Treating disease

The fall season also presents superintendents with a change to the climate that can leave their turf susceptible to diseases. During the plants dormancy period it’s unable to naturally outgrow disease, but often freezing conditions can stop fungi from growing, whereas greens are often at their most vulnerable in the “in-between” stage (during fall) and therefore require careful management. While warm-season grasses should not be fertilized in the fall, cool-season turf requires greater attention and fertilizer applications as we move towards winter to control the development of diseases that thrive in damp conditions.

Keeping the turf healthy throughout the off-season is crucial to ensure that disease does not emerge in spring when temperatures increase. Superintendents must still be wary of common cold-season diseases, especially in northern areas that experience heavy snowfall. Pink and grey snow molds can develop under a blanket of snow, and while the turf will often repair itself, it’s important to carefully manage fertilizer applications – too much nitrogen, for example, can lead to pink snow mold, while piling snow in sensitive areas will also encourage the development of disease.

Heading into winter

How turf will cope during the winter months will be a constant consideration for superintendents during fall. Traditionally, ensuring that the crown of the turf is protected has been determined as crucial regardless of whether you are experiencing extremely cold conditions or temperature fluctuations.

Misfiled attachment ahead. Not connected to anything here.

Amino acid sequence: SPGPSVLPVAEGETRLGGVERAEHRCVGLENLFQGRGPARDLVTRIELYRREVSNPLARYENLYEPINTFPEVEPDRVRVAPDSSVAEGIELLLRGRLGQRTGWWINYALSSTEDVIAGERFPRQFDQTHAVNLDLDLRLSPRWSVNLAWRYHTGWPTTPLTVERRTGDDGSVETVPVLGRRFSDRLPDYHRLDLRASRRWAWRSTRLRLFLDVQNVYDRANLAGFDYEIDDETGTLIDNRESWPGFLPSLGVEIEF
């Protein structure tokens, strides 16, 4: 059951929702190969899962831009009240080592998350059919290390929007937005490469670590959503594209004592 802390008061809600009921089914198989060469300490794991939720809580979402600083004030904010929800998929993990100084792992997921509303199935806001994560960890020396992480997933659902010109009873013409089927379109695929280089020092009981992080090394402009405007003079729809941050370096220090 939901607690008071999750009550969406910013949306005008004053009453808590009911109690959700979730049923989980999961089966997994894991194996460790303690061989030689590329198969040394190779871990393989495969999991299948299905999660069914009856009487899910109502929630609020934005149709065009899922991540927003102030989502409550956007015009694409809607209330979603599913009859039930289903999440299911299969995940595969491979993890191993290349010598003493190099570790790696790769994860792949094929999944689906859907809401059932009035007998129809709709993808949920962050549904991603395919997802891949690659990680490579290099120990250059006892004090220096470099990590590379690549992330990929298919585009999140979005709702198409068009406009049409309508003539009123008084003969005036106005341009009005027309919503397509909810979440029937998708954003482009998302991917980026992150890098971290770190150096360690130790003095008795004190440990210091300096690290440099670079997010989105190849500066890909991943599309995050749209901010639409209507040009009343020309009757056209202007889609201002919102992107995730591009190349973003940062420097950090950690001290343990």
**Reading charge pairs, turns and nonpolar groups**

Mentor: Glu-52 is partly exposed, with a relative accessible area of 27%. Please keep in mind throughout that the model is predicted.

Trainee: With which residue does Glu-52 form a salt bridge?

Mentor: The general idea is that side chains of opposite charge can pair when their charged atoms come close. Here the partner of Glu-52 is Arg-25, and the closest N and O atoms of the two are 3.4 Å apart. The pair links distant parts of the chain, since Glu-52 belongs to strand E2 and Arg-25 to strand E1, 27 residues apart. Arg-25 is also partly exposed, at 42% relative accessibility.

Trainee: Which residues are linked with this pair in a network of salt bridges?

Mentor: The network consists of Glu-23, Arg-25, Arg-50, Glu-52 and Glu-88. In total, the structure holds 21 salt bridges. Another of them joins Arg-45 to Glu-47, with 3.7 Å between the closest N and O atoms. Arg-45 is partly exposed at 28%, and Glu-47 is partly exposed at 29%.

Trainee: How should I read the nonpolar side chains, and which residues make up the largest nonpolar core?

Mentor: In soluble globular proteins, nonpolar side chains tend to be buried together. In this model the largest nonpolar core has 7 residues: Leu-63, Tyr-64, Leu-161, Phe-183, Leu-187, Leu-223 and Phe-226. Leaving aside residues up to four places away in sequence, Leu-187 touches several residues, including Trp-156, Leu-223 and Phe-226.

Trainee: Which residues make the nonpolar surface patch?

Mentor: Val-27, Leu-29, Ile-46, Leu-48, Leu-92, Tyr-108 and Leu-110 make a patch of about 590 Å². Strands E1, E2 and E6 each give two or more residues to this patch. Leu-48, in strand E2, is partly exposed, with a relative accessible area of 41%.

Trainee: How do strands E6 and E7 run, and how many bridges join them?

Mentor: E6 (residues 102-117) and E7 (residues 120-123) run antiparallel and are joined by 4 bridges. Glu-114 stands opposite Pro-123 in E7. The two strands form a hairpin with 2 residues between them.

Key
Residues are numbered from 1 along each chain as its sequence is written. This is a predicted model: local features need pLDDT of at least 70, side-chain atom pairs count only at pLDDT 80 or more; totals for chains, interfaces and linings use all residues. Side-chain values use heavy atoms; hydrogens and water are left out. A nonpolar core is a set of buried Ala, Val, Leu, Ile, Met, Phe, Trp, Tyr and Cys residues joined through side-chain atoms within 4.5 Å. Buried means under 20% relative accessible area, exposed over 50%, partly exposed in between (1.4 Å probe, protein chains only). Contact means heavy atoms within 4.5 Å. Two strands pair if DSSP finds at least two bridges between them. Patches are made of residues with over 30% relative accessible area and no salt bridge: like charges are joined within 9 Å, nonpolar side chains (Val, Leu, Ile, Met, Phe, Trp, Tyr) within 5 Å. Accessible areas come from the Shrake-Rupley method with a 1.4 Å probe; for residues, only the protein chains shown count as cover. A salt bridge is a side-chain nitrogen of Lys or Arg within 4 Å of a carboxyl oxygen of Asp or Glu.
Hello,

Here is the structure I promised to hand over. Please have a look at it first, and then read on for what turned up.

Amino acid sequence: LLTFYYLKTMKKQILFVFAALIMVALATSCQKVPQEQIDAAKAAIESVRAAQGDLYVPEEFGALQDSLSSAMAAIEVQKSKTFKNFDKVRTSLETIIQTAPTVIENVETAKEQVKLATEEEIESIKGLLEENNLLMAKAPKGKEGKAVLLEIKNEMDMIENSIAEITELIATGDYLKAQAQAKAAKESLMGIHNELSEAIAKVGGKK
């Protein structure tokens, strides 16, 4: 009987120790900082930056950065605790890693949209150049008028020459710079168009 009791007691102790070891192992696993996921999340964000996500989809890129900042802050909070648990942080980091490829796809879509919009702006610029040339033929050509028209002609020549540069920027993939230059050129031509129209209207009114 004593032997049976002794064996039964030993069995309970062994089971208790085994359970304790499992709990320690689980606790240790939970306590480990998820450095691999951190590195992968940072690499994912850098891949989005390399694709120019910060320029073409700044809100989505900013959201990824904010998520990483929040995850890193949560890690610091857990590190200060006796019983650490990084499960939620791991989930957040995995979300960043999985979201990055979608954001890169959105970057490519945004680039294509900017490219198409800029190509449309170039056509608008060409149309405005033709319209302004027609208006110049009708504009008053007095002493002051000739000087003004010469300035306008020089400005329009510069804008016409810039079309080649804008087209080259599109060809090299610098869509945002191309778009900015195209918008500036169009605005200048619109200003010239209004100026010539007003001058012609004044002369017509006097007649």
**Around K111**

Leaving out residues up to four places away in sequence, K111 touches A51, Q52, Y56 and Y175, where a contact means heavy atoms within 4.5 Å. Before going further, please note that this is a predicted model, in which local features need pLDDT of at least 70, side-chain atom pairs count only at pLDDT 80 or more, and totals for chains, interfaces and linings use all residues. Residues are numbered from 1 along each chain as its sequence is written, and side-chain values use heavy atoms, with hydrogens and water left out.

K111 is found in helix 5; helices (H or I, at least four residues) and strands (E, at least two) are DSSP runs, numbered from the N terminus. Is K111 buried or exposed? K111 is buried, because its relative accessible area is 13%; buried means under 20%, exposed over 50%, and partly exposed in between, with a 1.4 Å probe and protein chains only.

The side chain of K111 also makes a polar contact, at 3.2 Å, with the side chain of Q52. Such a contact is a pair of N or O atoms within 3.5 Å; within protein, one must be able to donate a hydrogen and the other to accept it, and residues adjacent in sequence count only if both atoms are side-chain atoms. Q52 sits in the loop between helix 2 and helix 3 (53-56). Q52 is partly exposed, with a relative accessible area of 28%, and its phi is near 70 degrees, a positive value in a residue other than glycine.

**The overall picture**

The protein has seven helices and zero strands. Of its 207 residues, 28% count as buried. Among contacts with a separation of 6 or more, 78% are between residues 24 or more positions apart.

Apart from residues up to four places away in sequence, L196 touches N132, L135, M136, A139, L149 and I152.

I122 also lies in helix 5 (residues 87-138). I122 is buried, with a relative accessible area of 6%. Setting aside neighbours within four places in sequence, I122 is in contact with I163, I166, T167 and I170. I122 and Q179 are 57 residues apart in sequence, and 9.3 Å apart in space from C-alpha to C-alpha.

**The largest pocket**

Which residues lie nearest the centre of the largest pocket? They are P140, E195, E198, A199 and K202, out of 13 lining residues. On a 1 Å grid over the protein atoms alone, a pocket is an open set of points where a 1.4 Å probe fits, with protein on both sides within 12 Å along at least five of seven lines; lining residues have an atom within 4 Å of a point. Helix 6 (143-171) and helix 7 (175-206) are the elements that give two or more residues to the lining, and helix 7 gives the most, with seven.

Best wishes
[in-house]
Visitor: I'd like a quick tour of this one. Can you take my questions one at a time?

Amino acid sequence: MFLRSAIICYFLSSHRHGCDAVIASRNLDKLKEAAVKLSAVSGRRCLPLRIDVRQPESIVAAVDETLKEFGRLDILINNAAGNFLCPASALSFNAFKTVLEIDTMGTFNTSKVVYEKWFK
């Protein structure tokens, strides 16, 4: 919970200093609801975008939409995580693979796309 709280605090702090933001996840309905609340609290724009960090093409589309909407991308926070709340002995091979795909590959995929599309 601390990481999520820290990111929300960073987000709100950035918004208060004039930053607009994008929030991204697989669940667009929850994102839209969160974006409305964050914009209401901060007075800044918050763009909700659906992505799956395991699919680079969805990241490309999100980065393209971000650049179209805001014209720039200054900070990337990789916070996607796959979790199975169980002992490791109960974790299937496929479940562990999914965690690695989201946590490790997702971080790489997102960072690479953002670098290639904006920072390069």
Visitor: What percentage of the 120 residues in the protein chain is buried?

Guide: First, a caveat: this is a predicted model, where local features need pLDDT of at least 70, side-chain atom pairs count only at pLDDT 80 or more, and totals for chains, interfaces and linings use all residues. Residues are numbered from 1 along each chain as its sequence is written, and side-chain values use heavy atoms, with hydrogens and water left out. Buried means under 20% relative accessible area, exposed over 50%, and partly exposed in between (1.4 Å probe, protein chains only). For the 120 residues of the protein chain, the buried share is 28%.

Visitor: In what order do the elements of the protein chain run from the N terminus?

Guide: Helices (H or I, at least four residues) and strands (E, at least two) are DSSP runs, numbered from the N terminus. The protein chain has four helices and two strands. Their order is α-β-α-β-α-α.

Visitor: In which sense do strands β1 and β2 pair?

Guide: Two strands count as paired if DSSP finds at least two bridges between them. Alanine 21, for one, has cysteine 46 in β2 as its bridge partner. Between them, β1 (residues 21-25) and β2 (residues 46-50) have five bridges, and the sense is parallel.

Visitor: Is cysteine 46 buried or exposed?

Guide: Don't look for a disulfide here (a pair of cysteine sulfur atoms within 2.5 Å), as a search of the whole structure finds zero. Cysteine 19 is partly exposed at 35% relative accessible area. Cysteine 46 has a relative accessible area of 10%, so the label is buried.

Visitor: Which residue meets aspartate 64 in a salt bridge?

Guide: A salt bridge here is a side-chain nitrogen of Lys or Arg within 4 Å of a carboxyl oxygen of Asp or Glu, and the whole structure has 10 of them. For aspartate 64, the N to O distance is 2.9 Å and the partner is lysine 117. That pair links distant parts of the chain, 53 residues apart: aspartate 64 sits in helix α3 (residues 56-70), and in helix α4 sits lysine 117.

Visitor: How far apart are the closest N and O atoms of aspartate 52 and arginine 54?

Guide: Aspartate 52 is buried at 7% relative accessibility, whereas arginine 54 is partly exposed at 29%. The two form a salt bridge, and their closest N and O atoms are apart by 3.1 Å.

There are many treatments that can help during this dormant time, including potassium fertilizers that build up the turfs carbohydrate reserve, ensuring that there is enough starch in the plant to combat disease or damage. A natural approach to carbohydrate build-up involves drying the turf during the fall months, and by doing this, the grass is encouraged to store starch to protect itself for periods of dormancy.

Winter treatment methods do vary depending on location of course – winter conditions in Quebec are unrecognizable compared to those in Texas, so it’s important to remain flexible when planning your winter strategy. In the Northern United States and Canada, winters can bring extreme conditions, with snow, ice and low temperatures. Here, using covers is a common method to harden up the plant, and in areas of heavy snowfall, superintendents will be doing whatever they need to so that their turf survives. Heavy top dressing is effective at protecting the turfs crown, and in extremely harsh conditions, sand can also be used as a protective layer.